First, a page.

States of Matter and Separation Techniques

States of Matter and Separation Techniques

Matter is anything which has mass and takes up space. There are three states of matter, solid, liquid, and gas.

  • Solid – definite shape, definite volume, does not flow. Particles vibrate only.
  • Liquid – no definite shape, definite volume, can flow. Particles slide over each other.
  • Gas – no shape, no definite volume, can be compressed. Particles are move freely.

Changes of state due to heating.

  • Melting happens when a solid is heated until it becomes a liquid.
  • Evaporation happens when a liquid becomes a gas on the surface only.
  • Boiling point is the temperature at which a liquid becomes a gas throughout the whole liquid.

Changes of state due to cooling.

  • Freezing happens when a liquid is cooled until it becomes a solid.
  • Condensation happens when a gas is cooled until it becomes a liquid.

Experiment: To separate salt and water (by evaporation)

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Boil the salty water until the basin is almost dry. Turn off the Bunsen and allow the hot basin to sit. The remaining water should evaporate off, leaving the salt in the basin.

1. Dissolve the sand and salt in water in a beaker.
2. Filter off the sand.
3. Then boil off the water in an evaporating dish.

Experiment : To separate soil and water by filtration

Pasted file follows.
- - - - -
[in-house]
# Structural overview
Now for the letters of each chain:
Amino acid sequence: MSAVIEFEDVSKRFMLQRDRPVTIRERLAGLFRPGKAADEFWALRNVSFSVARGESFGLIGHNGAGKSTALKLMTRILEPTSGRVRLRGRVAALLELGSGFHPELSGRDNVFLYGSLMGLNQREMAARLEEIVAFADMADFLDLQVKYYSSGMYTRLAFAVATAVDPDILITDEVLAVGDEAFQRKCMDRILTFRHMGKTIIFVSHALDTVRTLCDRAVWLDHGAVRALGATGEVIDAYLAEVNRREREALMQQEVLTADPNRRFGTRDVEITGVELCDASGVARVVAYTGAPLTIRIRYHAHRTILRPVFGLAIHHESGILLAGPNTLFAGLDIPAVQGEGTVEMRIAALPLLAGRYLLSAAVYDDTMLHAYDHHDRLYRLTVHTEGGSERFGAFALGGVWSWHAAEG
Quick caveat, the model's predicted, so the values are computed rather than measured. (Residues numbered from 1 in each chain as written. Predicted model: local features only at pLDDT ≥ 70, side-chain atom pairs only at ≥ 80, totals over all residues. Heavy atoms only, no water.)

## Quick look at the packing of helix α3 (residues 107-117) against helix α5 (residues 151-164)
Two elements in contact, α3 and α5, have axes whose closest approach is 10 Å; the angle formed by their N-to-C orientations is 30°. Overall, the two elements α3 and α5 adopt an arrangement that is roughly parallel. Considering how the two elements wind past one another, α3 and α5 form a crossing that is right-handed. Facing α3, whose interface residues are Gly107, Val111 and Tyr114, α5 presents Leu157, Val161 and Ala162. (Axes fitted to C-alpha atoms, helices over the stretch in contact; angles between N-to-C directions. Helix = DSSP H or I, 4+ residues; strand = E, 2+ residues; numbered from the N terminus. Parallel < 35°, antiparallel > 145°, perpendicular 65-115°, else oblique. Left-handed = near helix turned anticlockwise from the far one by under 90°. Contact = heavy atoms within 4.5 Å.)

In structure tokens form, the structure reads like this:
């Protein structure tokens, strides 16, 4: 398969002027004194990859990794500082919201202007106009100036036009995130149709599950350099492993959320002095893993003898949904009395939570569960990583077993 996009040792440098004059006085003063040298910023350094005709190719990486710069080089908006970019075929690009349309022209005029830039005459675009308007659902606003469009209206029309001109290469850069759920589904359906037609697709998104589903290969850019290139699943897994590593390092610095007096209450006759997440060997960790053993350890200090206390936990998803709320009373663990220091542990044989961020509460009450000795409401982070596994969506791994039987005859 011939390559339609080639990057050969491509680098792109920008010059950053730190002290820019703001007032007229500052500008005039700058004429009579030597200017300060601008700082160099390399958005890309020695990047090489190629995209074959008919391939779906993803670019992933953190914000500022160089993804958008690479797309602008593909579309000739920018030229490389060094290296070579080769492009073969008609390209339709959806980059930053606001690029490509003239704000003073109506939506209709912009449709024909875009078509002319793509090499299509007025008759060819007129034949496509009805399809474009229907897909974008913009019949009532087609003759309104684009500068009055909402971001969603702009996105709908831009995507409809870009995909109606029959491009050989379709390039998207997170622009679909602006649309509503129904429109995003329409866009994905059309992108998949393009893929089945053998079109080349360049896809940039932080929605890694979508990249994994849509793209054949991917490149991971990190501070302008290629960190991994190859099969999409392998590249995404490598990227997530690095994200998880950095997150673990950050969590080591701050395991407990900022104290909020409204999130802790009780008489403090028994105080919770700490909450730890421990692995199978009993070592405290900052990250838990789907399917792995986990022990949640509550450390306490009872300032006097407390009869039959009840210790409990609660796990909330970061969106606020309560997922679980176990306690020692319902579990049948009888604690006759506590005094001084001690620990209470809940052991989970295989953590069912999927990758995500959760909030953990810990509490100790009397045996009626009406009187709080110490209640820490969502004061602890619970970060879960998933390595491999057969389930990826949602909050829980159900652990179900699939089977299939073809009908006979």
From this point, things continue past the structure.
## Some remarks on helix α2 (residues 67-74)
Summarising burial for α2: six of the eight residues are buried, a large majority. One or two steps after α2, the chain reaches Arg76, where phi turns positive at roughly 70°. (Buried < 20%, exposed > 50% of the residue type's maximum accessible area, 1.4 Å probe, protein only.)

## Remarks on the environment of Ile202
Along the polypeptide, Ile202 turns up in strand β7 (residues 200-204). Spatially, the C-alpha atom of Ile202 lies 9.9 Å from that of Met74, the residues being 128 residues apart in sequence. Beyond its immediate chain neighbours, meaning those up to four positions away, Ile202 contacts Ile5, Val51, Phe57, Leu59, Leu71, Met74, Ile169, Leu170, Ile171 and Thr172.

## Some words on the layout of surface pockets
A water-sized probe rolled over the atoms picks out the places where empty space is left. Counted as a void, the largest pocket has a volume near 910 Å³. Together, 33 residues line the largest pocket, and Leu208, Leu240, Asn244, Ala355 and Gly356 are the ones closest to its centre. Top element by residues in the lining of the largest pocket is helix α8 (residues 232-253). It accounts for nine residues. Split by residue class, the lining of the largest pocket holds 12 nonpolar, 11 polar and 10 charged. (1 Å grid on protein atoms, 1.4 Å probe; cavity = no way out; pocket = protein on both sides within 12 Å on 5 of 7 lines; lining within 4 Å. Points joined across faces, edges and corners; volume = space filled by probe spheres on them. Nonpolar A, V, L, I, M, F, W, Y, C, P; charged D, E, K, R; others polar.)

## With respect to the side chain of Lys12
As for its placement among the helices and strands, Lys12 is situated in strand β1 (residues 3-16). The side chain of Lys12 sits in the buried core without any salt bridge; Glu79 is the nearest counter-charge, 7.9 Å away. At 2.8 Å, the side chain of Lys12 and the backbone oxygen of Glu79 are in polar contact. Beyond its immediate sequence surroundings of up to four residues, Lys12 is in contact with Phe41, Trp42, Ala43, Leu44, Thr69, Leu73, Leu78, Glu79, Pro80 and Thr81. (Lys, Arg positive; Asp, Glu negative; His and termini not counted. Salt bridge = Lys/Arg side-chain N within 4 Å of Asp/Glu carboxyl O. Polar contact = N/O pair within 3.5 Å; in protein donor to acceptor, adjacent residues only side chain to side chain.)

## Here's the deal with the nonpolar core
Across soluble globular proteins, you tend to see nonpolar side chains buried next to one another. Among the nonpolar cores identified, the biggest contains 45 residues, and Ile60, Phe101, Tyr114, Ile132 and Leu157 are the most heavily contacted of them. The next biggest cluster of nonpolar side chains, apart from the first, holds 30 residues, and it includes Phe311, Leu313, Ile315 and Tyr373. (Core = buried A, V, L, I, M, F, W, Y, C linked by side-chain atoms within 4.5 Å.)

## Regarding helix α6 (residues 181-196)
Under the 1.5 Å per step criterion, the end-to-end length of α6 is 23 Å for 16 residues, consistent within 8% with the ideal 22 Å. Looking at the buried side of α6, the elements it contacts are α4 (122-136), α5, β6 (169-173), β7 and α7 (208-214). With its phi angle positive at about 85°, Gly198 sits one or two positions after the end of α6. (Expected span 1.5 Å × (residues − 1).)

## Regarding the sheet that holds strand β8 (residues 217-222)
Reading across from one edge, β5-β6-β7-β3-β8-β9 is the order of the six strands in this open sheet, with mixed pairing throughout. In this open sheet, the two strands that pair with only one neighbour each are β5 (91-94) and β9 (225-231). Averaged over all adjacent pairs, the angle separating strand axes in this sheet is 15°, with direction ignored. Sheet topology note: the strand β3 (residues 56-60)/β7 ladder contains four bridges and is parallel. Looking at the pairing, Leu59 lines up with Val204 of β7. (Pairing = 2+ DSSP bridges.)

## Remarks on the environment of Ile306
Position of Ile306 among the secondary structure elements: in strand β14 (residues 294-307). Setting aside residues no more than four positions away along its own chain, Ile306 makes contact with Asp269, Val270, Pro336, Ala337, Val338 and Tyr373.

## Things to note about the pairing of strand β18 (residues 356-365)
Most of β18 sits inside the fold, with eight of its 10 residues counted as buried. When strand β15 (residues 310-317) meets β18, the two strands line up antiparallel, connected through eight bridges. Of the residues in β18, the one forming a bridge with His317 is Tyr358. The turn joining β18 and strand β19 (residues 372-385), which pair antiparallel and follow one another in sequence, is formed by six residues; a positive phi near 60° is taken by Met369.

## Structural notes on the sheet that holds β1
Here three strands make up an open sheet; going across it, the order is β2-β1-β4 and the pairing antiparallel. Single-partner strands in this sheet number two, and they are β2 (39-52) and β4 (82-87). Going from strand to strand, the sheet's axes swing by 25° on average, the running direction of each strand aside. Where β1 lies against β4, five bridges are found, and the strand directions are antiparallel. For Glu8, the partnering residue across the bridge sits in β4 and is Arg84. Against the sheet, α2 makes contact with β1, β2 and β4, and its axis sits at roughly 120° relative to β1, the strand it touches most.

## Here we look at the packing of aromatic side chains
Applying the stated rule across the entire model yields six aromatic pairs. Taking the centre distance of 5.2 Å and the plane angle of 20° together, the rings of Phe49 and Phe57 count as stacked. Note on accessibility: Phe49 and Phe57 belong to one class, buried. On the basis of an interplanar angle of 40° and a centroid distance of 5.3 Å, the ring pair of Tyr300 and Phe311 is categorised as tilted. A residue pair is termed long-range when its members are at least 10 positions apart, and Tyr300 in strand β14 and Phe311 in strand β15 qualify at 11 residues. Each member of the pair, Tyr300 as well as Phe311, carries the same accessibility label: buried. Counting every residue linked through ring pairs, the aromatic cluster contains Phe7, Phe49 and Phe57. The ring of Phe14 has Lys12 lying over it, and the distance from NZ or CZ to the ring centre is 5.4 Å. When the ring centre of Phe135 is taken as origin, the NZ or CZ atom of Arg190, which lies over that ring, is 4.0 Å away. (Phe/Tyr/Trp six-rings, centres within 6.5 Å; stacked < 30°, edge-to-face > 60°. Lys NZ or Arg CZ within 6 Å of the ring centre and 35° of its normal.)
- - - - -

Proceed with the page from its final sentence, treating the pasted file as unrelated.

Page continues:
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Experiment : To separate copper sulfate from water

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Place the copper sulphate solution in the round-bottom flask.
Heat until the solution starts to boil. As the water evaporates (changes from a liquid to a gas) it leaves the flask through the condenser’ as steam.
The condenser has a ‘jacket’ of cold water constantly flowing around its outer section.
This causes the steam to condense back into liquid water.
The water collected in the flask on the right is called the distillate.

Experiment : To separate a mixture of dyes by chromatography.

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The solvent will soak up along the paper carrying the dye with it.
The colors in the mixture will travel at different speeds up the paper because some are more soluble in the solvent than others.
Eventually, all the colors will separate from each other.

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